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Ben Roethlisberger wouldn’t trade his offensive line for the Dallas Cowboys line, which features three All-Pros.

“People can talk all they want about Le’Veon [Bell], about Antonio [Brown], about myself, about how good Le’Veon is and how he’s our team MVP. But I think he would tell you and the coaches would tell you that those guys upfront are the team MVPs. They’re not shown on “SportsCenter.” But those guys are the reason that we can have success and do the things we do.”

Certainly, Roethlisberger wouldn’t trade Maurkice Pouncey, all respect to Cowboys All-Pro center Travis Frederick.

“I wouldn’t want to play with anyone else. He is, for me, my comfort blanket. The man in the middle. He is the best in the business. I would bet the farm on that.”

This was after the Steelers sent the Miami Dolphins into the offseason Sunday at Heinz Field. Roethlisberger said he and the coaches challenged the linemen to neutralize Miami’s defensive front — the highest-paid in the NFL — led by $114 million man Ndamukong Suh. They responded in a big way in the 30-12 win.

“They said, ‘We’re going to be the reason we go out and win this game,’”  Roethlisberger said.

“I think, for the most part, we had a trophy game,” David DeCastro said.

Roethlisberger was sacked just once, although he was hit on a late pass play that Mike Tomlin said he should not have called from the sideline. Bell ran for 167 yards, breaking Franco Harris’ 42-year franchise postseason record. Bell also owns the team’s regular-season record of 236 yards, set against the Buffalo Bills in December.

“That means that we’re doing something right, doesn’t it?” Marcus Gilbert asked, grinning.

A lot right, actually.

Pouncey is leader: All five linemen — Al Villanueva, Ramon Foster, Pouncey, DeCastro and Gilbert — deserve credit, not just for the Miami game but for the eight-game winning streak the Steelers will take into Kansas City Sunday. But there’s no doubt Pouncey deserves a little extra. Roethlisberger singled him out for praise Sunday. The other linemen quickly followed. They made it clear Pouncey is a five-time Pro Bowler and two-time All-Pro for a reason.

Foster: “This week, he set the tone. Guys were talking about the weather and what not. He nipped it in the bud. It was like, ‘Man, it doesn’t matter. We’re here in playoff ball.’ He set the mindset for the entire week.”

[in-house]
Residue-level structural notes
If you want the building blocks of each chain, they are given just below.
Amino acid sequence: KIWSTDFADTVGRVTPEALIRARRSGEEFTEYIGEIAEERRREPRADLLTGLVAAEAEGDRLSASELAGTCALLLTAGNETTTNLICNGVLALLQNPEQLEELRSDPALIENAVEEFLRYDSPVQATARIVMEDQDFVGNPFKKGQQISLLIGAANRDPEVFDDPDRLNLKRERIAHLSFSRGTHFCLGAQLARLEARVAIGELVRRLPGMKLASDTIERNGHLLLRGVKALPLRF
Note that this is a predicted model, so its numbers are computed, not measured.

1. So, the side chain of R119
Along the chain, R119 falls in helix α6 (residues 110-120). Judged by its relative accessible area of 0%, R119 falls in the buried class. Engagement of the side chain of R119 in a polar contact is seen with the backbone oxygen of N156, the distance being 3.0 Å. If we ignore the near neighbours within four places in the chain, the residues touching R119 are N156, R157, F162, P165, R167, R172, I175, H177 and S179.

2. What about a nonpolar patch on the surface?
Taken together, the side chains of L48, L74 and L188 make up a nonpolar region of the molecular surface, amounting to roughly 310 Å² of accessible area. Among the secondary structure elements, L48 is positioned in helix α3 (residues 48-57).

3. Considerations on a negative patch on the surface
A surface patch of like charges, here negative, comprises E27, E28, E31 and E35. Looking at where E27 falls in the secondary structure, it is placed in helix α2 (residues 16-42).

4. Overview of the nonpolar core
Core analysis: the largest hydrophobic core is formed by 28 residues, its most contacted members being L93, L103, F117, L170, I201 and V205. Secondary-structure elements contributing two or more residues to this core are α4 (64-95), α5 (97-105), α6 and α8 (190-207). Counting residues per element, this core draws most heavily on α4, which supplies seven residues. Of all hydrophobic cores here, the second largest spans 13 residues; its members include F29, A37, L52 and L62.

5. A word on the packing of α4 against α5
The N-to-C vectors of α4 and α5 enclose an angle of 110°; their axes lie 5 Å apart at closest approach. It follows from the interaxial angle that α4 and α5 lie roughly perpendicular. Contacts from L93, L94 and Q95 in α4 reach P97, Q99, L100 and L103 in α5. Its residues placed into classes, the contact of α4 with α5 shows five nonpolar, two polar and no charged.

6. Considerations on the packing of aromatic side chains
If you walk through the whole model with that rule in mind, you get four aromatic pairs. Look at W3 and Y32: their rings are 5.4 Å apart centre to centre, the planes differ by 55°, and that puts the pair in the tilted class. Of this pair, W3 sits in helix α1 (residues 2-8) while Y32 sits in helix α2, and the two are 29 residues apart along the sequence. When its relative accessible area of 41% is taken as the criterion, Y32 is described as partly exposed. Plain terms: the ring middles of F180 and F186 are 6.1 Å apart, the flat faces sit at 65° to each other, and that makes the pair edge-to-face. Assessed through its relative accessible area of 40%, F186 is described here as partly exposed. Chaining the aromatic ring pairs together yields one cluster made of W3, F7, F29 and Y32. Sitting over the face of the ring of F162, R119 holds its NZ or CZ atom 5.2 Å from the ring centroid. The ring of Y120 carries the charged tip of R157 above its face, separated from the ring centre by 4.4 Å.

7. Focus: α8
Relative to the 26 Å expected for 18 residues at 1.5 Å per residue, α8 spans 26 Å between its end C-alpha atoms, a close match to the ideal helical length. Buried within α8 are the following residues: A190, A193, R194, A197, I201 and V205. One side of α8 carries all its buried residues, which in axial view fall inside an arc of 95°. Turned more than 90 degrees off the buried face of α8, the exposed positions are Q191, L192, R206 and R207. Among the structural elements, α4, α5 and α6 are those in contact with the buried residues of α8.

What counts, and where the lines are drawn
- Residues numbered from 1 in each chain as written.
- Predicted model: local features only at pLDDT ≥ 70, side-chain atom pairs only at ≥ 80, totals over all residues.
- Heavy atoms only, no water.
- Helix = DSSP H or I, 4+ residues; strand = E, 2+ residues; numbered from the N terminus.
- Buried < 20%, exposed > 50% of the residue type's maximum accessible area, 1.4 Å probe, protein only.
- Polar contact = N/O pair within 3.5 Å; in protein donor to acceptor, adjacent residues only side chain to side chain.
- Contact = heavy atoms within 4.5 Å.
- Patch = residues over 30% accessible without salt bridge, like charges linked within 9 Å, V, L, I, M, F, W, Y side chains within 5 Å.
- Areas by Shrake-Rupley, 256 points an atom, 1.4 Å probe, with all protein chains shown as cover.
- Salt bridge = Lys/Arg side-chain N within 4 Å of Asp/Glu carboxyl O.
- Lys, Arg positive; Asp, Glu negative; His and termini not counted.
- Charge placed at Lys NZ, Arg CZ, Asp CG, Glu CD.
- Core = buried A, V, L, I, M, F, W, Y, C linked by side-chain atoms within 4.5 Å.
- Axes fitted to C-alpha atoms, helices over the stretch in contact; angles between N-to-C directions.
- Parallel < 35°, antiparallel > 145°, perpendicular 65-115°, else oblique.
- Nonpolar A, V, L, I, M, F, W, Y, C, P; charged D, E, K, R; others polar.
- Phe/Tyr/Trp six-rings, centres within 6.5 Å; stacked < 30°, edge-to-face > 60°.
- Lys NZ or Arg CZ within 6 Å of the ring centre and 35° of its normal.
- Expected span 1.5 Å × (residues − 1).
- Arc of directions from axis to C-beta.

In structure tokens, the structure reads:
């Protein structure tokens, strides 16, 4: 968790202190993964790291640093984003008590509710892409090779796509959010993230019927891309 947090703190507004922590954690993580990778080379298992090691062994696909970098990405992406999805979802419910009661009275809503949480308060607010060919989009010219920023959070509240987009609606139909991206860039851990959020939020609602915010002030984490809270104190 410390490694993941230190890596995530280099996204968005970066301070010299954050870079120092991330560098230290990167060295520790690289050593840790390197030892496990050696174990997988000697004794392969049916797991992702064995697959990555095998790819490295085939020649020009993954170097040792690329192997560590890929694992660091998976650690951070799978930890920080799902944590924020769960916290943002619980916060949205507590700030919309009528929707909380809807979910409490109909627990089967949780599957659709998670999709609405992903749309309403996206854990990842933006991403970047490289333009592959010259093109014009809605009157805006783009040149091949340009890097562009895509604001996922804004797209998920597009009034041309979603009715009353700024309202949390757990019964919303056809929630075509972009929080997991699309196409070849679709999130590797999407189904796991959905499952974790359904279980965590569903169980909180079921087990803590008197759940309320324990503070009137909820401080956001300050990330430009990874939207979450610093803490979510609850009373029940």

DeCastro: “I can’t put it into words what he means to us, I really can’t. He’s a one-of-a-kind player, kind of like Le’Veon is running the ball. He brings everybody up. His energy, the intensity he brings … he’s one of those guys you follow. He’s the leader, no question, of this group. You don’t want to let him down. You just want to follow him and be like him.”

Gilbert: “He’s the commander of the huddle. The way he plays, he demands it out of us, as well. We come out and ball for him. We know how much he loves the game. He’s the extra quarterback. He makes all of the points. Everything goes through him. He does it all. He’s a special, special player, one of the best I’ve ever been around.”

Roethlisberger: “His mental football is unparalleled to anyone else. He gets everything done. It’s unbelievable.”

Pouncey’s reaction?

Aw, shucks.

“I just like doing my part.”

The Miami game was just the fourth postseason game of Pouncey’s seven-year career. He missed the Cincinnati and Denver games a year ago when he was out all season because of a knee injury. He missed the Denver game in 2011 and Super Bowl XLV against Green Bay in 2010 because of ankle injuries. He also missed all but eight plays of the 2013 season because of a knee injury.

“This is a blessing,” Pouncey said of his good health.

It shows in Pouncey’s play.

Every play.

Every game.

Great play vs. Chiefs: By now, the Steelers have watched tape of their 43-14 win against the Kansas City Chiefs in October at Heinz Field. They have seen Pouncey in one of the great plays of the season, leading Bell on a run 40 yards downfield, throwing a block on safety Ron Parker.

“How awesome was that?” Roethlisberger asked after that game. “That just shows the selflessness of Maurkice Pouncey. Going out and playing for his brothers, that’s what he did on that play.”

The Steelers expect a much tougher game Sunday against the 12-4 Chiefs. If they lose, it won’t be because the offensive line isn’t prepared. Even though the team was off Monday and Tuesday, Gilbert said he expected every lineman to show up at the team’s South Side headquarters each day to get an early jump on their pregame work with line coach/Hall of Famer Mike Munchak. The group is expected to meet at Pouncey’s house Thursday night — as they do almost every week during the season — to go over final details of the game plan and maybe talk about how they will handle the Chiefs’ terrific outside pass rushers Dee Ford, Justin Houston and Tamba Hali. No one complains about the extra commitment.

“It’s down to four weeks of work,” Gilbert said of the postseason. “We’re trying to chase No. 7.”

No, not Roethlisberger.

A seventh Lombardi Trophy.

“We’ve got to control the line of scrimmage Sunday,” Roethlisberger said. “That puts all the pressure on the guys up front. That’s what they want. That’s what they’ve earned.”

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